A Guide to Hydroponic Growing
A plant requires light energy and water to grow and develop, in a base such as water or soil. This refers to the need to have these conditions present. Hydroponic lighting is a term representing all the artificial light sources in an indoor garden set up. Most people like growing their plants indoors, when space or weather conditions outside does not permit them. These plants grow just as well, provided they are well supplied with water, nutrients, and light. Of the three, water and light must be present. This light is the key ingredient in the process of photosynthesis. Photosynthesis entails the things a plant does to make food for itself. There is, therefore, the need to install plant growing lights in your indoor garden.
You shall find in the market some examples of these light types; LED growing lights, High Pressure Sodium growing lights, and Sodium Vapor lamps. Of all these, LED lights are regarded as the best source, since they last a long time as compared to the rest. There glow is also higher when compared to High-Pressure Sodium lamps. Generally, electricity is required to ensure the functioning of these artificial lighting systems in an indoor garden. The electricity enables these lamps to release an electromagnetic spectrum that assists in the process of photosynthesis, for all plants receiving it. It is important to note that the spectrum emitted by these artificial lights differs from the one that outdoor plants receive from the sun. Light found in nature contains all available color spectra, which they plants simultaneously receive.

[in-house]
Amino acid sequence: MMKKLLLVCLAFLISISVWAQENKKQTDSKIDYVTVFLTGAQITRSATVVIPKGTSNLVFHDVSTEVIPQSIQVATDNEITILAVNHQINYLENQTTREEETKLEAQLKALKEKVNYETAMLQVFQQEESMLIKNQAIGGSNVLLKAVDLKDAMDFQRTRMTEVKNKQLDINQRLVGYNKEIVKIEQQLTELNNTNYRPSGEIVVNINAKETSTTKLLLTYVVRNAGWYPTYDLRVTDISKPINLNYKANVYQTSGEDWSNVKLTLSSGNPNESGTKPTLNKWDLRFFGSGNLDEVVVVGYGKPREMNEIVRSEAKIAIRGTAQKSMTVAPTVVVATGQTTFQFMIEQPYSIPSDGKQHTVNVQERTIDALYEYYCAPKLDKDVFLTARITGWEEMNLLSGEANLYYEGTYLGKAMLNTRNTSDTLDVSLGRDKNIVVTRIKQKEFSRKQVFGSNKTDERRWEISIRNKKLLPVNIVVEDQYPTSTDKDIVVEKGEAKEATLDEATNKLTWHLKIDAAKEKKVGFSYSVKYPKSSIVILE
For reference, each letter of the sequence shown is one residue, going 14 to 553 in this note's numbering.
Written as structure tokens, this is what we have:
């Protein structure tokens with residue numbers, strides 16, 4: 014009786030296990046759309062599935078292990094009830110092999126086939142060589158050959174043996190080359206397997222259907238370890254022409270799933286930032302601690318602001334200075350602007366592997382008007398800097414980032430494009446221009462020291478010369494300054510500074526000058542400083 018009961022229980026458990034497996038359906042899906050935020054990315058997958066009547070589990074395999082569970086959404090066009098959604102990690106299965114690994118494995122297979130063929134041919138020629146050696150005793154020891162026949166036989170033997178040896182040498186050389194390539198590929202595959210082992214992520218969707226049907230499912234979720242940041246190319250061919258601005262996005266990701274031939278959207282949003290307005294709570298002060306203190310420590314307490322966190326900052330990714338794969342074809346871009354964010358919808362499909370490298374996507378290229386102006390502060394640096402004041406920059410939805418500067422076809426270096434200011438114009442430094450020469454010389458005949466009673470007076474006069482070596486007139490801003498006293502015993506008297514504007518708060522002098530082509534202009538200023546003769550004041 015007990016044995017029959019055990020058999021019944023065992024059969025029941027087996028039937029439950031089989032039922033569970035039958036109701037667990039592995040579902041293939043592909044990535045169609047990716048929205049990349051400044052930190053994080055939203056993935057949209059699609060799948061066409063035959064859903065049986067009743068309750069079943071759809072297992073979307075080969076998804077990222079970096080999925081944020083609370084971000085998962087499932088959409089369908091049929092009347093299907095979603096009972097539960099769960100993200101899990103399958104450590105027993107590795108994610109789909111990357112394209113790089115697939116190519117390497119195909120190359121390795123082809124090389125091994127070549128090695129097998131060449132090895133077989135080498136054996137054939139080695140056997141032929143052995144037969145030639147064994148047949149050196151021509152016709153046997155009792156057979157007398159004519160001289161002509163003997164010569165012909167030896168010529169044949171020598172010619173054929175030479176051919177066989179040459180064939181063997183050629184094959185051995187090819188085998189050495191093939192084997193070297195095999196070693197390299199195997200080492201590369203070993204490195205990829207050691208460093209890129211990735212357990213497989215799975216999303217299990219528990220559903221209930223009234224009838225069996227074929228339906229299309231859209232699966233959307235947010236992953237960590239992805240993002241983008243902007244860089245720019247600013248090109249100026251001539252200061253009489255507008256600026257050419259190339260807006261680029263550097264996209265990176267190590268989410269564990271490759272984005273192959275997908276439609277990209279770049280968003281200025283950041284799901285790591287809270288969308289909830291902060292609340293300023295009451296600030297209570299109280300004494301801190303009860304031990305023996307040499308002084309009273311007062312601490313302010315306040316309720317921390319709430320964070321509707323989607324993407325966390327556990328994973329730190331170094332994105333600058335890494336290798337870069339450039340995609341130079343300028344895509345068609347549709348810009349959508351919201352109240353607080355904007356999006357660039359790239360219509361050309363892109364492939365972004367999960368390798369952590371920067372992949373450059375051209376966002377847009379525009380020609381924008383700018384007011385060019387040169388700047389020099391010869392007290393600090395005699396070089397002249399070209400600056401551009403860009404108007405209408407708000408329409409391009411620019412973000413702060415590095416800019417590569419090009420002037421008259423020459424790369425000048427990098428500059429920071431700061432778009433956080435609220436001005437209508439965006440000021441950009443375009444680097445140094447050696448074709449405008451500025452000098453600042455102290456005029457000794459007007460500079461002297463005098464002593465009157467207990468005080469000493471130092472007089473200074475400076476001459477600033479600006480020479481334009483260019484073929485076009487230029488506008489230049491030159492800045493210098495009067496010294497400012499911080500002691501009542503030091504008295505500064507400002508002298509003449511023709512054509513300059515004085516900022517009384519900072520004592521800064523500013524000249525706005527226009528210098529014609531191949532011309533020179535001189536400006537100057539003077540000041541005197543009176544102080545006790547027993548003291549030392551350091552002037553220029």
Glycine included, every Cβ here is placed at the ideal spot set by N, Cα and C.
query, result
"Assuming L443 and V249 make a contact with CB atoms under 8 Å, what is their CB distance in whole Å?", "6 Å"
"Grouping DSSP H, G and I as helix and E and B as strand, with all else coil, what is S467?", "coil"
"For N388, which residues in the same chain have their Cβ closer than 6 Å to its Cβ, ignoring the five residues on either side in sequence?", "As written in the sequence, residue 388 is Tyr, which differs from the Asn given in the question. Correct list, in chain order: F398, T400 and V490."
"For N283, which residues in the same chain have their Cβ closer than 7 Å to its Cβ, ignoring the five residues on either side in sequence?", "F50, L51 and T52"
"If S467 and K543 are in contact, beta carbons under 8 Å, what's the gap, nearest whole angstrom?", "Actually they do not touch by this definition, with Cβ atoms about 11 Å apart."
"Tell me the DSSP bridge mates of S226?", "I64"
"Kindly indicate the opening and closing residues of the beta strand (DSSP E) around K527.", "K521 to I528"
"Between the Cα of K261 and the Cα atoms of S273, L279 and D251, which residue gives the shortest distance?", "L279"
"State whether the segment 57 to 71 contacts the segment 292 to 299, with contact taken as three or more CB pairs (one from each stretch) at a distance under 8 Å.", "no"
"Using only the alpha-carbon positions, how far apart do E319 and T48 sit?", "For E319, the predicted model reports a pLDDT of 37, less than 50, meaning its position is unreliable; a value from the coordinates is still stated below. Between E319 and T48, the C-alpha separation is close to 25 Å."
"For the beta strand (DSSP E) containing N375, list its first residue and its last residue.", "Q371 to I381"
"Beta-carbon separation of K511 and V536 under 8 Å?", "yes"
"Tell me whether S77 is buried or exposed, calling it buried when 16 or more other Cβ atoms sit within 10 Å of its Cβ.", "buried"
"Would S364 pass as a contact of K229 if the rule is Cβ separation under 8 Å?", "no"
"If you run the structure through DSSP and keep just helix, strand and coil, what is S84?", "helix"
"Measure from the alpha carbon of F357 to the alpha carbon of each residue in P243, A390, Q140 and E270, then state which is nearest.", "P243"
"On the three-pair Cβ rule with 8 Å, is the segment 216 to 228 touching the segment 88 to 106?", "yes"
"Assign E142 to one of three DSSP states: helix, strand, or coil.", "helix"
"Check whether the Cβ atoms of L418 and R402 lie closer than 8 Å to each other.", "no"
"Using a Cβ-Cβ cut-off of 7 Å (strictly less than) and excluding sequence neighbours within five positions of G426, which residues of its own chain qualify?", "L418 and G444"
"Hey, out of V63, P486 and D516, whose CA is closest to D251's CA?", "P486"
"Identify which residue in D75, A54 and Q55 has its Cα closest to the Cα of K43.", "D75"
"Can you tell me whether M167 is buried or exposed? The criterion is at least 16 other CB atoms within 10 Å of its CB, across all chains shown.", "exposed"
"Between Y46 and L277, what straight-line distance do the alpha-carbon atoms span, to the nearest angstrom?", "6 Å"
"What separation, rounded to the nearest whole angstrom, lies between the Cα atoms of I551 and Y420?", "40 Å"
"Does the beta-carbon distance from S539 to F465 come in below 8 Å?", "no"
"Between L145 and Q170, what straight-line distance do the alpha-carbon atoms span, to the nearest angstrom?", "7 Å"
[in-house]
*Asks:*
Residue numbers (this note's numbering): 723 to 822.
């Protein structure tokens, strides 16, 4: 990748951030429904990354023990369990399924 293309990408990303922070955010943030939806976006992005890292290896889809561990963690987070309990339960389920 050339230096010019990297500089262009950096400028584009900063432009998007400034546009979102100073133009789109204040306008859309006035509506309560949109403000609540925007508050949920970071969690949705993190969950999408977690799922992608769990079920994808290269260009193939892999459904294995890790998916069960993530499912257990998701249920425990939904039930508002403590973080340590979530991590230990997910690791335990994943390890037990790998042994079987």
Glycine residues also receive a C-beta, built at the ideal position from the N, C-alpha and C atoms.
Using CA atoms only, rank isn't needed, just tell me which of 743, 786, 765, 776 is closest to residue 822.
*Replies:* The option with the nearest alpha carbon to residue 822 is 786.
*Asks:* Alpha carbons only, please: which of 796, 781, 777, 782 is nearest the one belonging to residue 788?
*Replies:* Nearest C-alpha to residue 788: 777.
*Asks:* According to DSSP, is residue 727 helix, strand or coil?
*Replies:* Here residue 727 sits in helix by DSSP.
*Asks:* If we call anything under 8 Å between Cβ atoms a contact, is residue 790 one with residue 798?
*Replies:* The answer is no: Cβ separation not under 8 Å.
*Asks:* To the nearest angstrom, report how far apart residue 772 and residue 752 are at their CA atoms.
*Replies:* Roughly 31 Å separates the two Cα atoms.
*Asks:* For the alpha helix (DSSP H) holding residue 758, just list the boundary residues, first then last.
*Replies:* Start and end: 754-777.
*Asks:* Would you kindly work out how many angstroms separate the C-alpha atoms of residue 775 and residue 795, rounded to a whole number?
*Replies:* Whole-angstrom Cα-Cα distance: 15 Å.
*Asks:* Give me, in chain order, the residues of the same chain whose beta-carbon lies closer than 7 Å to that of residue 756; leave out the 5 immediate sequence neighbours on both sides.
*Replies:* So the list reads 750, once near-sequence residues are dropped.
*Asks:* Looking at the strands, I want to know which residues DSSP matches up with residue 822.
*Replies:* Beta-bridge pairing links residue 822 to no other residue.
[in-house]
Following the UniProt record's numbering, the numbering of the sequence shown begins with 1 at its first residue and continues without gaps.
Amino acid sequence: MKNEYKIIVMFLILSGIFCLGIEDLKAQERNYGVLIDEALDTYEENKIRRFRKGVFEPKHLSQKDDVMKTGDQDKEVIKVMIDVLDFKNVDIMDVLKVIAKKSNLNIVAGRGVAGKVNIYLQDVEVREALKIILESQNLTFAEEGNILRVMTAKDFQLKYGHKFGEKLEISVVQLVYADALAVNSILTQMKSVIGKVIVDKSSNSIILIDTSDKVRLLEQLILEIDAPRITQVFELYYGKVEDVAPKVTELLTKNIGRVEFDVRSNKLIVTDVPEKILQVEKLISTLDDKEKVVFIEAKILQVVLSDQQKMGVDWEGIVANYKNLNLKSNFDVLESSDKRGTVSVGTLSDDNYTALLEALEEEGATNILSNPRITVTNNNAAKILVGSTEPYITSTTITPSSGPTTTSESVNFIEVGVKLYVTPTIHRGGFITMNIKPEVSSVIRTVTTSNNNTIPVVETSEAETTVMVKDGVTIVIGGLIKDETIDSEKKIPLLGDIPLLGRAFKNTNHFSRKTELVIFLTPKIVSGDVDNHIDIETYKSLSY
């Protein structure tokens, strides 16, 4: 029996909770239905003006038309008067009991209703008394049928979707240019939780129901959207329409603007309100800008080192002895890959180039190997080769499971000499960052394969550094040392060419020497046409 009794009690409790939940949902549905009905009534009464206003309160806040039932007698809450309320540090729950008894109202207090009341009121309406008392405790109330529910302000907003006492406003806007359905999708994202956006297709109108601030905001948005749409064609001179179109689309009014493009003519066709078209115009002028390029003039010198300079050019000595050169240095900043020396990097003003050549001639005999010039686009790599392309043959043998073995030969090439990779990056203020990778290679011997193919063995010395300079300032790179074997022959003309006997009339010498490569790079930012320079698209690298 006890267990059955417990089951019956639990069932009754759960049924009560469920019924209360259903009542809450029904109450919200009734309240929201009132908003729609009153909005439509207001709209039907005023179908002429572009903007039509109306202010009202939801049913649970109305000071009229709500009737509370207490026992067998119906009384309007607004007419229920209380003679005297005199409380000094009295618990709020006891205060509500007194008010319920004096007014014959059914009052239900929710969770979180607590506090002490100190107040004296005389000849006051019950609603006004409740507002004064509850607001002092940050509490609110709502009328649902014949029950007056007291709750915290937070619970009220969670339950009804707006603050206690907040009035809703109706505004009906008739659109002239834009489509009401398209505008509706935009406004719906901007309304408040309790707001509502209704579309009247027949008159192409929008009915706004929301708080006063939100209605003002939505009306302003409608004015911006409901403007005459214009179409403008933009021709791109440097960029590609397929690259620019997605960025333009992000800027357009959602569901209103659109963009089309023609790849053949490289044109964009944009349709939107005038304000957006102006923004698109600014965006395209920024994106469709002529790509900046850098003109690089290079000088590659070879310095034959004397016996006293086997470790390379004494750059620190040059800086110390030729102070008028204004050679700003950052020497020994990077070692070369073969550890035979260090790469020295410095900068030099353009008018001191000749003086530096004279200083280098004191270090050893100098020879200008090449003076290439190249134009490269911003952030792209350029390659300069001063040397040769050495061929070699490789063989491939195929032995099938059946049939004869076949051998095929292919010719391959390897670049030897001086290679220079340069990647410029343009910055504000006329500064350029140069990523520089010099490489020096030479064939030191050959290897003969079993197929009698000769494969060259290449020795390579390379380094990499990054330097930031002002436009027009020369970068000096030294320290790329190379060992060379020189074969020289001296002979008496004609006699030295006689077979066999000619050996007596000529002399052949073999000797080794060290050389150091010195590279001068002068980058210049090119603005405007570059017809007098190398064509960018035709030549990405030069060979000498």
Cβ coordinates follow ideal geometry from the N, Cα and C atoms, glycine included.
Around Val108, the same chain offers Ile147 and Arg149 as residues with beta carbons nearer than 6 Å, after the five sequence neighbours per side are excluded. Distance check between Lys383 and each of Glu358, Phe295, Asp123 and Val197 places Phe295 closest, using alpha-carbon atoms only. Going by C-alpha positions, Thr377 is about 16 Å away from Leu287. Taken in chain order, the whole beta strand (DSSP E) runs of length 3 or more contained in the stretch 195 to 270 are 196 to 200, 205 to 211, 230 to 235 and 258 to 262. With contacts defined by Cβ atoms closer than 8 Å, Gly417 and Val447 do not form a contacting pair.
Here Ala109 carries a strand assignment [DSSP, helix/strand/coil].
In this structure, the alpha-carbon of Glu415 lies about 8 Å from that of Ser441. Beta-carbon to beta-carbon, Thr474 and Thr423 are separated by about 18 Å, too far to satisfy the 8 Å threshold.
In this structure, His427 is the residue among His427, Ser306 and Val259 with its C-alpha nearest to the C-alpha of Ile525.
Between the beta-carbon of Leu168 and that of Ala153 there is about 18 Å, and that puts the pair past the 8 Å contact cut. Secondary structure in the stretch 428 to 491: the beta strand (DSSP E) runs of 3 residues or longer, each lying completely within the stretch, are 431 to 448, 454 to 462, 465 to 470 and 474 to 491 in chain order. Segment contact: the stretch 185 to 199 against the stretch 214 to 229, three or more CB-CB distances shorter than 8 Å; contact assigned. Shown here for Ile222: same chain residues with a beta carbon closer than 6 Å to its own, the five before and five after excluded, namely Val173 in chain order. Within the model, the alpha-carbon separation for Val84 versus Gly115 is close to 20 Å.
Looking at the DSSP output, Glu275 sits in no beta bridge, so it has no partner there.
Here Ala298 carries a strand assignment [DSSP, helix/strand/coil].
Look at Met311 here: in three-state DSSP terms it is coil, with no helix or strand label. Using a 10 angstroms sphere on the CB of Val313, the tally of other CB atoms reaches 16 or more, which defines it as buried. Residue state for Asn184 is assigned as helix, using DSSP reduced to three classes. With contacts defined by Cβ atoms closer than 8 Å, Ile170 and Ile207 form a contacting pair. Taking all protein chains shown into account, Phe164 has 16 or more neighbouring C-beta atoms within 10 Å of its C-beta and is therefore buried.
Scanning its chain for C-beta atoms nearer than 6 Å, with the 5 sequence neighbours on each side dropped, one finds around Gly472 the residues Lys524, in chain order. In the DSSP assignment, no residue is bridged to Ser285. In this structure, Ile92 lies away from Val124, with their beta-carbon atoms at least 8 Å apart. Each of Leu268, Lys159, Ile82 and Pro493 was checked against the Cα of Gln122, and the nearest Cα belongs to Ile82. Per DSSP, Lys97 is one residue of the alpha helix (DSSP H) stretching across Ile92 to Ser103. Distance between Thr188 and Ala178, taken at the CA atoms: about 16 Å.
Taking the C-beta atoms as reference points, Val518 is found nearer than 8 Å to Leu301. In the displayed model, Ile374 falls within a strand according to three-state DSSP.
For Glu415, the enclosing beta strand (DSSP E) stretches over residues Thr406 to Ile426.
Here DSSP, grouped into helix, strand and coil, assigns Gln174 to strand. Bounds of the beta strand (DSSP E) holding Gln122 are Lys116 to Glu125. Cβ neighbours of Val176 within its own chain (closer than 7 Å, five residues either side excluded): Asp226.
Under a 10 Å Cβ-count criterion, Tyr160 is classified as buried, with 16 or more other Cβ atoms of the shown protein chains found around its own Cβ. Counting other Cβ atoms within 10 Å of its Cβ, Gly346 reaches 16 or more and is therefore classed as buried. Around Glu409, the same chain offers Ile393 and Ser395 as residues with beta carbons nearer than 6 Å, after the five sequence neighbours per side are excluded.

Artificial grow lights are made to release different color spectra, with every stage of a plant’s growth. This allows you to project various color spectra for the adjacent growth stage in different plant groups you may have. Typically, plants in the vegetative stage need mostly blue light, while those in the flowering stage require red to orange spectra.
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You will find two most common styles of these artificial lighting fixtures, namely the hanging bulbs and the free standing lamps, complete with a support base. Depending on the size of your garden, you may find using the hanging lights to be ideal for you, especially if you want to project more light across the garden. The freestanding units can serve best in a small room, or where the plants are clustered together.
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Care must be observed, to prevent the likelihood of the heat from the free-standing lamps destroying the leaves of plants near them. You will thus be forced to be there at intervals of time, to switch the lamps on and off as needed, so that no damage occurs.